Simply mix 2 Tbsp vinegar in 1 cup water and keep it in a bottle in your shower. Avoid contact with eyes, and remember to dilute with water or you'll smell like salad dressing!

Step 3: Temperature

Hot and cold play roles in the science of hair dye as well.

Heat opens up the cuticle, much in the same way ammonia does chemically. This is why some hair dyes will suggest covering your head or applying heat while the color sets. The extra heat, whether from your own head or an external source like a blow dryer or steamer, optimizes the dye's processing for stronger results. The hair opens up, allowing color and moisture to really get in there deep.

Temperature's effect on hair is also why you might want to avoid extremely hot showers if you want to keep your color. Heat will open the hair up and allow dye molecules to escape easier.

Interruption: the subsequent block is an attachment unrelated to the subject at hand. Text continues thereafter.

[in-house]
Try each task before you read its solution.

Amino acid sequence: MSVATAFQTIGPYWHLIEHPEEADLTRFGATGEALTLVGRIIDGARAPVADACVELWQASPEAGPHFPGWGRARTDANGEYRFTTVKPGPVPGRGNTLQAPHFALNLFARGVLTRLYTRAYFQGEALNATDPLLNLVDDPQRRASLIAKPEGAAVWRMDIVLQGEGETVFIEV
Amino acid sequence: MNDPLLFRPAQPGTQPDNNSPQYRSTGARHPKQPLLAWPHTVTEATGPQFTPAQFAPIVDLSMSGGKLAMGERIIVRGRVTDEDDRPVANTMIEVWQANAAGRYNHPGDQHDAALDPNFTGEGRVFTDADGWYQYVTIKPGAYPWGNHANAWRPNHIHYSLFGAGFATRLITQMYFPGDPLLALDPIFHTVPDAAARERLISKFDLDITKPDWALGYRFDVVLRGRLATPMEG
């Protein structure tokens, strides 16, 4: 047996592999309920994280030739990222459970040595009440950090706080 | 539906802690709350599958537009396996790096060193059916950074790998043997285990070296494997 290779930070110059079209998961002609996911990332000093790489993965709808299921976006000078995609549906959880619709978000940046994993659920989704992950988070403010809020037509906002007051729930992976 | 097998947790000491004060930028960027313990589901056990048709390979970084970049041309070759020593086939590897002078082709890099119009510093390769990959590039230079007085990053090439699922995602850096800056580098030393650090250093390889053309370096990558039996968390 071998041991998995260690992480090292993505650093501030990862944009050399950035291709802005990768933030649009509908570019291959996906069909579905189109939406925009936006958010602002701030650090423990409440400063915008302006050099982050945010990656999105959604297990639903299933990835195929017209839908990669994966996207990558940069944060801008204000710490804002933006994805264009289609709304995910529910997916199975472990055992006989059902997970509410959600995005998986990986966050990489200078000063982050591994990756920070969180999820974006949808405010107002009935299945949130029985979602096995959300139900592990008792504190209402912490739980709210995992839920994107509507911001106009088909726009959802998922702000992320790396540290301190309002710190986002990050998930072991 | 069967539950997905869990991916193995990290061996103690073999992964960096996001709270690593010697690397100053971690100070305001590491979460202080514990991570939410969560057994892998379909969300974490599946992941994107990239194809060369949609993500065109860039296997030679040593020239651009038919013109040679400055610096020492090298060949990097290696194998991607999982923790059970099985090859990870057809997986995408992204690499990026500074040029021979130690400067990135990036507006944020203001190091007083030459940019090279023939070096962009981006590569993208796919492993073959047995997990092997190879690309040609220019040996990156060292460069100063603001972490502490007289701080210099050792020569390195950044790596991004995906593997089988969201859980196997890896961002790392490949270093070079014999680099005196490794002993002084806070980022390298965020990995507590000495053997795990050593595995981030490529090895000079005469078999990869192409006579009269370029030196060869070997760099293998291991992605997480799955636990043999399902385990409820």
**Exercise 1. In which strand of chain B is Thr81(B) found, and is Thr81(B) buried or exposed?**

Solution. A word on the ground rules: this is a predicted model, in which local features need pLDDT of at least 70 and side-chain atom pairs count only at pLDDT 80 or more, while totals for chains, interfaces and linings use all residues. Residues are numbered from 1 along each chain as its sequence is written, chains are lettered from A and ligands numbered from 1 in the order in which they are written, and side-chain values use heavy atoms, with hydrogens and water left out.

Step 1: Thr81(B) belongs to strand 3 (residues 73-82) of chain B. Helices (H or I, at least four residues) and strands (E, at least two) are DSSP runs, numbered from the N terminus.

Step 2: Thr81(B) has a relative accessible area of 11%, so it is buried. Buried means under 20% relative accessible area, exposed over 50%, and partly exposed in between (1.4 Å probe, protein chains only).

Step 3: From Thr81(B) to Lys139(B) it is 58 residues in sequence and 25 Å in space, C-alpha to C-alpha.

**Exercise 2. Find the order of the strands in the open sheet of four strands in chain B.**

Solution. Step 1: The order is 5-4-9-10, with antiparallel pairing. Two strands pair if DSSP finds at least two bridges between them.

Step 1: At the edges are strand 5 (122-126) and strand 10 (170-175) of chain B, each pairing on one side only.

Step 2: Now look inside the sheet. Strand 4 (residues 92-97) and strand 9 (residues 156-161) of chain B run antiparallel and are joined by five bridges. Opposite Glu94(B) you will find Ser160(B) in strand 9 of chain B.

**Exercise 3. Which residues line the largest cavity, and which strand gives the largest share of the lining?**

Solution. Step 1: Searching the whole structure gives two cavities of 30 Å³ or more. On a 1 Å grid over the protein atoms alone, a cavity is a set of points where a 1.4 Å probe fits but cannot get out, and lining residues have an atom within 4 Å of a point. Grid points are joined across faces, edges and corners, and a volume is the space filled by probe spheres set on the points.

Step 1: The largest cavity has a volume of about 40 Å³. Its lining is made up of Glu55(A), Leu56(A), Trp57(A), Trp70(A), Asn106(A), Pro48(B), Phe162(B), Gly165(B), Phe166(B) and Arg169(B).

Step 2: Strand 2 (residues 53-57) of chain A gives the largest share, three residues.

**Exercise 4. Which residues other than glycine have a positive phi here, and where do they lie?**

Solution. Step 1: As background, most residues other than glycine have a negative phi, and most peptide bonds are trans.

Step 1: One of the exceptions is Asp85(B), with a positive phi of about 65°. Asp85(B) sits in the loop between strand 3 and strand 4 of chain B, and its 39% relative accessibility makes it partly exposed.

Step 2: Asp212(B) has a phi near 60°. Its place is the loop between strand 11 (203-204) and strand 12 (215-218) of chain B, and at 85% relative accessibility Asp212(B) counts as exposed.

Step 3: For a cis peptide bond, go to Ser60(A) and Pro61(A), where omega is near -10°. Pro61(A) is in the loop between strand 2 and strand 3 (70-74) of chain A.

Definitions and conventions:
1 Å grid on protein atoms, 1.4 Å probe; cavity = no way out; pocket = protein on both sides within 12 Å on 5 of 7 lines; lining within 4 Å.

Conversely, cold water helps seal the cuticle. Many hardcore dyers suggest only cold water rinses for your hair, which also promotes shine.

Step 4: All Natural Hair Treatments

While chemicals are a nearly inevitable part of hair dye (with the exception of henna), there are all natural ways to keep your hair balanced and able to support coloring.Hydration is a key factor.

Olive Oil --I apply a light coating of olive oil to the ends of my hair most nights before bed. This gives the oil all night to sink into the hair and moisturize, helping prevent dryness and breakage caused by frequent coloring. It washes out with my morning shower so there's no trace of greasiness by the time I'm in public.

To avoid going overboard with the oil, I put some in a spritz bottle (along with a few drops of peppermint essential oil for scent). To apply, I spritz oil twice into my palm, then work that amount through my ends. Your hair will become shiny and slightly textured, but you shouldn't be so oily that you'll leave a grease spot on your pillowcase.